Marshall 1959RR Randy Rhoads Guitar Amplifier Review
December 13, 2010 by Ian Fraser
THE HOT-RODDED Marshall phenomenon that started in the Eighties can be attributed mainly to two players: Eddie Van Halen and Randy Rhoads. Ironically, Eddie’s original amp wasn’t modified at all, while the modifications to Randy’s amps were long rumored hut never confirmed. Because Randy’s amps were returned to his family and locked tip in a vault after his death in 1982, details of the modifications remained a mystery until recently.
Working with the assistance of Randy’s mother Delores and brother Kelle, Marshall finally gained access to Rhoads’ legendary white Marshall amp head. Marshall investigated every minute detail, including the cascaded input modification that was performed at the Marshall factory in 1980 when Rhoads custom-ordered two white Marshall stacks. As a result Marshall just released the limited-edition 1959RR Randy Rhoads Signature Series Super Lead 100-Watt head, an exact duplicate of the 1980 Marshall JMP 1959 Super Lead MKII 100-watt head that Randy used onstage with Ozzy and on the recordings of Blizzard of Ozz and Diary of a Madman.
ALTHOUGH MARSHALL HAD been making amps with master volume controls since 1975, Rhoads preferred the original Non-Master 100-watt 1959 Super Lead model with four inputs, which Marshall made until 1981, when it was replaced by the 1959 JCM800. The 1959RR is a two-channel 100-watt head powered by a quartet of EL34 tubes (just like Randy’s U.K.-built original) with volume controls for each channel and a single set of presence, treble, mid and bass controls shared by both channels.
The modification cascades both halves of the first ECC83 tube (a.k.a., 12AX7) in the preamp circuit, feeding the output from the first stage into the second stage’s input instead of using each half separately as an input buffer for each channel. This allows the volume I knob to function like a master volume while the volume II knob operates like gain control when a guitar is plugged into the channel II inputs, producing much more preamp gain and saturated distortion than a stock 1959 Super Lead head. If you prefer the stock Super Lead sound, plug into the channel I inputs, which aren’t affected by the cascade modification.
Like an original 1959 Super Lead head, the 1959RR’s rear panel is about as sparse at it gets. There are two speaker output jacks, an output impedance selector switch with 4-, 8- and 16-ohm settings and a mains selector switch that lets you select 120 volts (U.S.) or 220 volts (U.K., Europe) input voltage.
With its white “elephant” vinyl covering, black Marshall logo, white piping and black corner protectors, the 1959RR looks almost identical to Randy’s original amp as well. The only details missing are the ring from a can of Coke that Randy set on the amp, a few stray pieces of duct tape and general wear and tear.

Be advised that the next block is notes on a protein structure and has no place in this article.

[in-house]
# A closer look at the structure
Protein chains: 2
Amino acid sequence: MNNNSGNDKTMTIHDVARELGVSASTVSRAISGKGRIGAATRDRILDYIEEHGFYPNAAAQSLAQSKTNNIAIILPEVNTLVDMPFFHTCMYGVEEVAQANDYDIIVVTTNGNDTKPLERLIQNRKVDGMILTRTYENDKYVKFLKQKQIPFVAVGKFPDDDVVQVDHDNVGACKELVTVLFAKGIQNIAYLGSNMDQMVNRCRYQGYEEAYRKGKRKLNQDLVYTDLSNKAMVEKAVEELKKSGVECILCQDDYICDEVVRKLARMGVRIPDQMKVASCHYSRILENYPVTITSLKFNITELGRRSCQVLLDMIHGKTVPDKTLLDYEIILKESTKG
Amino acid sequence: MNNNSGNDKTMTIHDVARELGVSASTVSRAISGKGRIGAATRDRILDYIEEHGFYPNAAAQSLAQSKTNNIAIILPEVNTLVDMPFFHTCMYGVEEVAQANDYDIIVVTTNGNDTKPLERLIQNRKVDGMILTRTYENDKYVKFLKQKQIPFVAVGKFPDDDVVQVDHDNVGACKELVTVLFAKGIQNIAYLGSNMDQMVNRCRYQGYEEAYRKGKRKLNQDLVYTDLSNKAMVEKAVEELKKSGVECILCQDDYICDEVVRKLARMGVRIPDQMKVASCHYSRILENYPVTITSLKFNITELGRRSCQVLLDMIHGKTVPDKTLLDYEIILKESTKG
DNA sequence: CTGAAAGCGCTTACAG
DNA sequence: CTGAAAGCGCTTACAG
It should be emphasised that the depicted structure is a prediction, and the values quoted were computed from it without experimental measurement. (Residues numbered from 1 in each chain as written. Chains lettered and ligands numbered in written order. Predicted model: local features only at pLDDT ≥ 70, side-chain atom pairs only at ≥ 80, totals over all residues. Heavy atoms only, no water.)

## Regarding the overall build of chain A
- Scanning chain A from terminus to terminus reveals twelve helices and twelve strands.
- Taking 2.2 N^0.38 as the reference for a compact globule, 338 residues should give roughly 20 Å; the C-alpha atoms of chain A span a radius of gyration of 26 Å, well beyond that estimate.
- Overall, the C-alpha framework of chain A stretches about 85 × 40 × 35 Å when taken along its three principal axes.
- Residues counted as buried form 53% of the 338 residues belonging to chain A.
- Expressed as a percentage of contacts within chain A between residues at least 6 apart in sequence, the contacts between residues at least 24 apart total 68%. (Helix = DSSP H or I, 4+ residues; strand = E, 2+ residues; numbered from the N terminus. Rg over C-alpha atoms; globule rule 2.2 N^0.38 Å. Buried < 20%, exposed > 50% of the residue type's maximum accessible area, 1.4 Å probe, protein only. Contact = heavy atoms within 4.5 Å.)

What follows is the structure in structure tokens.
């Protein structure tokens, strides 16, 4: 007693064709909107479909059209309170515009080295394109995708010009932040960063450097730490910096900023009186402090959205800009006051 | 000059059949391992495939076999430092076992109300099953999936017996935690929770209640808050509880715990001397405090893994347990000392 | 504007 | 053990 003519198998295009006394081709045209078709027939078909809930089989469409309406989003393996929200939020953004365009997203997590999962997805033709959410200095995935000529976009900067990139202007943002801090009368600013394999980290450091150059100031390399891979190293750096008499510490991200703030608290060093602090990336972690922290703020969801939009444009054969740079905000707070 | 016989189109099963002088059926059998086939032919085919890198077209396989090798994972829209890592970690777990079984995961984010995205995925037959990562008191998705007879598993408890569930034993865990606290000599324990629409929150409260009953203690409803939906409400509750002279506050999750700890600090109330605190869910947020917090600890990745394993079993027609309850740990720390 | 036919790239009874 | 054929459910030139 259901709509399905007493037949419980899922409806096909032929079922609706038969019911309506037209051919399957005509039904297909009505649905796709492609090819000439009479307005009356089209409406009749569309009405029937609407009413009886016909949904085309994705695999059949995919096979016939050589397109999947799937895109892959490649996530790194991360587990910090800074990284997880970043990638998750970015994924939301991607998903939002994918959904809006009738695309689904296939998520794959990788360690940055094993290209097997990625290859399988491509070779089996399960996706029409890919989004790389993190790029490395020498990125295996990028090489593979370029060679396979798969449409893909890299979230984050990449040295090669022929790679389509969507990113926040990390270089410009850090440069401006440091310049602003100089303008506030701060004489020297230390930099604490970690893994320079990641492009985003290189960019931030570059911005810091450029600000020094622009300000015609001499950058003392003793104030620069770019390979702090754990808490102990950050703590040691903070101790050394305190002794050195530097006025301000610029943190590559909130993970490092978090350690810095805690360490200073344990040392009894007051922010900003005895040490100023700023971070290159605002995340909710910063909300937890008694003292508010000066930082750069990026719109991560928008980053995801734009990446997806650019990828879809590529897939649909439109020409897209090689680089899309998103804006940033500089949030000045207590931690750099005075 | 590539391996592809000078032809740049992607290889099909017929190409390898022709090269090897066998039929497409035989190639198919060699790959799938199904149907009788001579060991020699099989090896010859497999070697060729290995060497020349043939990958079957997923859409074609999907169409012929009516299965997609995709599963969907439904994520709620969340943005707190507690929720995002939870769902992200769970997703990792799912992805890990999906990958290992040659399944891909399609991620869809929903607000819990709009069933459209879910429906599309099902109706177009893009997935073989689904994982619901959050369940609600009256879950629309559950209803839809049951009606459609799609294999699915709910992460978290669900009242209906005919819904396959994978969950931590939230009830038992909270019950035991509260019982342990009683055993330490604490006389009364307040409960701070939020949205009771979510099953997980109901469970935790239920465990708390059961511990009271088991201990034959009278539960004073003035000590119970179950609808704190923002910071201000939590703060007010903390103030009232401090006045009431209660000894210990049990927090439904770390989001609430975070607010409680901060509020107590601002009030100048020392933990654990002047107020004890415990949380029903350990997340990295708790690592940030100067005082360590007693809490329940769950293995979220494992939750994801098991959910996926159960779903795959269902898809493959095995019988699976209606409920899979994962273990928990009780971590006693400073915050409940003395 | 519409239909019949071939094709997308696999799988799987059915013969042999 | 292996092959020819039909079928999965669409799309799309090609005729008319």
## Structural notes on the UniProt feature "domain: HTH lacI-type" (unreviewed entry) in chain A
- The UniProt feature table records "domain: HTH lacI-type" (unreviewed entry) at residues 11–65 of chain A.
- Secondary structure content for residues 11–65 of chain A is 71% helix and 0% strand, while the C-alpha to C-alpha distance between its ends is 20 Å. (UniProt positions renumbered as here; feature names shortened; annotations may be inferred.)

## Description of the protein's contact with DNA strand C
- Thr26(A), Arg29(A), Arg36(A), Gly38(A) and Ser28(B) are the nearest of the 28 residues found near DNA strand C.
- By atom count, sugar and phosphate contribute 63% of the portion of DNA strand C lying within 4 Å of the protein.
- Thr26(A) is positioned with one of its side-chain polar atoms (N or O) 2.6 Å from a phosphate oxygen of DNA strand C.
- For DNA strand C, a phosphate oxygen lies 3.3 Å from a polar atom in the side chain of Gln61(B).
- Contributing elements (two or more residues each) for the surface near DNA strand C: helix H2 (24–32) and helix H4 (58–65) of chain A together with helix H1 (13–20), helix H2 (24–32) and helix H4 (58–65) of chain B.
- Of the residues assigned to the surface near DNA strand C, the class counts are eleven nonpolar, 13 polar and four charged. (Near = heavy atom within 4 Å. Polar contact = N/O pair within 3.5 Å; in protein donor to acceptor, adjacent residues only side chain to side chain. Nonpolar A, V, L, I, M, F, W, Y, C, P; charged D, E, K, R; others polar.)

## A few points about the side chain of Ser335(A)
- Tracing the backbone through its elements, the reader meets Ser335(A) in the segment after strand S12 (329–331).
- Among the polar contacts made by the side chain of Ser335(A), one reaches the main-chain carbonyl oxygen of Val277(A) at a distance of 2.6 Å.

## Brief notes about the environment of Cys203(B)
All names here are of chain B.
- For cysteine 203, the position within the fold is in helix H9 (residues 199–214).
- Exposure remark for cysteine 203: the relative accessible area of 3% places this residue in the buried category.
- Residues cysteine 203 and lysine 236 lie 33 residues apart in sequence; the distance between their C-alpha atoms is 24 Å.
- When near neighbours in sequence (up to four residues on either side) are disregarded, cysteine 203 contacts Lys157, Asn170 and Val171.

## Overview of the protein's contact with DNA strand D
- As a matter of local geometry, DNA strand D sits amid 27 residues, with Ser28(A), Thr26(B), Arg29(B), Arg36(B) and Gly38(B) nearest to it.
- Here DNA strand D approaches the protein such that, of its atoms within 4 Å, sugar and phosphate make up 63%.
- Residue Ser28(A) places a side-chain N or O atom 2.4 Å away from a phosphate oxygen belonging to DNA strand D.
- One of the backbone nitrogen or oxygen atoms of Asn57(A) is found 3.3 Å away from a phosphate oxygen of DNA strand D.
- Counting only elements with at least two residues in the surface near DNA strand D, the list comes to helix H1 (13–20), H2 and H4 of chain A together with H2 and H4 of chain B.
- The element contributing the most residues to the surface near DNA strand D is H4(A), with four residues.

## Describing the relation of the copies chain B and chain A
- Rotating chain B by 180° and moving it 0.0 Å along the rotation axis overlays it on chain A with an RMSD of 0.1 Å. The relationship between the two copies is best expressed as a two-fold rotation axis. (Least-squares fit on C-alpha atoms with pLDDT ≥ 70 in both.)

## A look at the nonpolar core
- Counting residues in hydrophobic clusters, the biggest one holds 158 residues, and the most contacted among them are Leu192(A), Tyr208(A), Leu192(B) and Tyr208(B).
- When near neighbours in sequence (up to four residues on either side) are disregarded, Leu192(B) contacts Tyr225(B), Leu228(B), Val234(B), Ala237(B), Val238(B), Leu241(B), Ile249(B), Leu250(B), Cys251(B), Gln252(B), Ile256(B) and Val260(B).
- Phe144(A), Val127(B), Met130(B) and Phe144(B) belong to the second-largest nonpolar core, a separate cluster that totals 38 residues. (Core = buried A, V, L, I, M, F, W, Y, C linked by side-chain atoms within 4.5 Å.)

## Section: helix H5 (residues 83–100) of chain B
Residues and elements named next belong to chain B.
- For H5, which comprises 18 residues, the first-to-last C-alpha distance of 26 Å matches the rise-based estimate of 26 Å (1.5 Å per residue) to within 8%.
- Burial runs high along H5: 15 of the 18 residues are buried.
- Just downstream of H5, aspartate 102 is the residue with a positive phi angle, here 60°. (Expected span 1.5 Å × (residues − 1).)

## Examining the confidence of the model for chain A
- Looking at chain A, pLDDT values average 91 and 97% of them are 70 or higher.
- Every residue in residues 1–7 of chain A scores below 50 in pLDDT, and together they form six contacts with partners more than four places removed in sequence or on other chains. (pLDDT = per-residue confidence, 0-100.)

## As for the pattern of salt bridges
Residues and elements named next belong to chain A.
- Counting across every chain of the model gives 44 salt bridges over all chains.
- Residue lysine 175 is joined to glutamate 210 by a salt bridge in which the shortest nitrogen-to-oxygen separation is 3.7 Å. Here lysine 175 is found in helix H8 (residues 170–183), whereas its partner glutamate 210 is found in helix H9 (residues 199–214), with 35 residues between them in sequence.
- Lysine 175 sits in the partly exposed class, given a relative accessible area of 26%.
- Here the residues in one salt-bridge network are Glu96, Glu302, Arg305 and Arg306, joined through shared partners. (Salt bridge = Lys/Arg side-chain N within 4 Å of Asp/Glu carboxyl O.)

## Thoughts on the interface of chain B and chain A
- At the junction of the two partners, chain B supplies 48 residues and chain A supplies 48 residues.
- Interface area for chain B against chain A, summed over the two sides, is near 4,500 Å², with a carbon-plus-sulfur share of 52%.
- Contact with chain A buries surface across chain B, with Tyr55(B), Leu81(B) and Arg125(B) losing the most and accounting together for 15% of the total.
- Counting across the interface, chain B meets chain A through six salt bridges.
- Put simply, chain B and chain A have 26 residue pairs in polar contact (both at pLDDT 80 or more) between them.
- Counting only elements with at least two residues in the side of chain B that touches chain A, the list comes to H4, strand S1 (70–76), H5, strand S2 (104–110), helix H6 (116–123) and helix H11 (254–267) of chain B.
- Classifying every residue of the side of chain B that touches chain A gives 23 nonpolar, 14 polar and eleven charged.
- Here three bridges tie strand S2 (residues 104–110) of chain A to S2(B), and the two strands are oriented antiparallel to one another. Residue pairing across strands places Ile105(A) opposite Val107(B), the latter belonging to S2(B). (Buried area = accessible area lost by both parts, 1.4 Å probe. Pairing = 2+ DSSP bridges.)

RANDY’S ORIGINAL MARSHALL 4×12 cabinets were loaded with 100-watt Altec Lansing 417-8H speakers, which are no longer made and are very hard to find. Instead, I tested the 1959RR through a Marshall 4×12 loaded with G12T75 speakers, which provides similar resistance to speaker distortion and retains tight, focused sound at high volume levels. I also broke out my original 1981 MXR Distortion+ and vintage Seventies Cry Baby wah pedal to duplicate the primary tone-shaping elements of Randy’s custom pedal board. Test guitars included a Les Paul Custom with stock Gibson humbuckers and a Seventies Ibanez Rocket Roll Sr. with vintage DiMarzio Super Distortion humbuckers.
Like most non-master 100-watt Marshalls, the 1959RR head is very loud, even at the lowest possible volume setting. Channel II is especially over the top, and by the time you dial in the sweet spot, around 6, its loud enough to kill small birds, the elderly and sensitive squirrels. Unless you’re playing the Forum, you’ll need an attenuator like the THD Hot Plate to enjoy this amp at more-civilized volume levels.
I achieved the most accurate duplications of Randy’s Blizzard rhythm tones on channel II with both volume controls dialed to 6, the bass turned down, the midrange cranked tip and the treble and presence tweaked about midway to provide the right amount of sizzle. The outstanding manual, writ- ten by GW contributor Nick Bowcott, shows a similar setting that Randy apparently preferred.
Randy’s Diary lead tones emerged both through channel I using a combination of the Distortion+ and wah pedals to duplicate his boxy midrange and through channel II using just the wah. The cascaded gain mod produces lively “crushed glass” distortion with sparkling treble harmonics—an elusive but highly desirable classic Marshall tone. The Distortion+ really isn’t necessary on the channel II inputs as the cascade mod provides all the gain and gnarly crunch you could want for classic Eighties metal tones.
THE BOTTOM LINE
LIKE MARSHALL’S OTHER signature series amps, the 1959RR isn’t cheap, hut in this day and age handwired quality and premium vintage-style parts don’t come cheap. If you’re a Randy Rhoads fan and want to duplicate his tone to the closest detail, the 1959RR is an essential purchase (sorry we can’t help you with those Altec speakers, though). The amp is also great for anyone who can afford the big bucks and wants an amp that can deliver lively, “Plexi”-style crunch and aggressive Eighties Marshall crush in the same package. Source: marshallamps.com
Marshall 1959RR Randy Rhoads Guitar Amplifier
Tags: Marshall 1959rr review, mark-morton-guitars, randy rhoads white marshall half stack, randy rhoads pedalboard, Randy Rhoads Marshall half stack specs, randy rhoads marsall review, randy rhoads guitar amps, randy rhoads gear, randy rhoads amps, Randy Rhoades modification,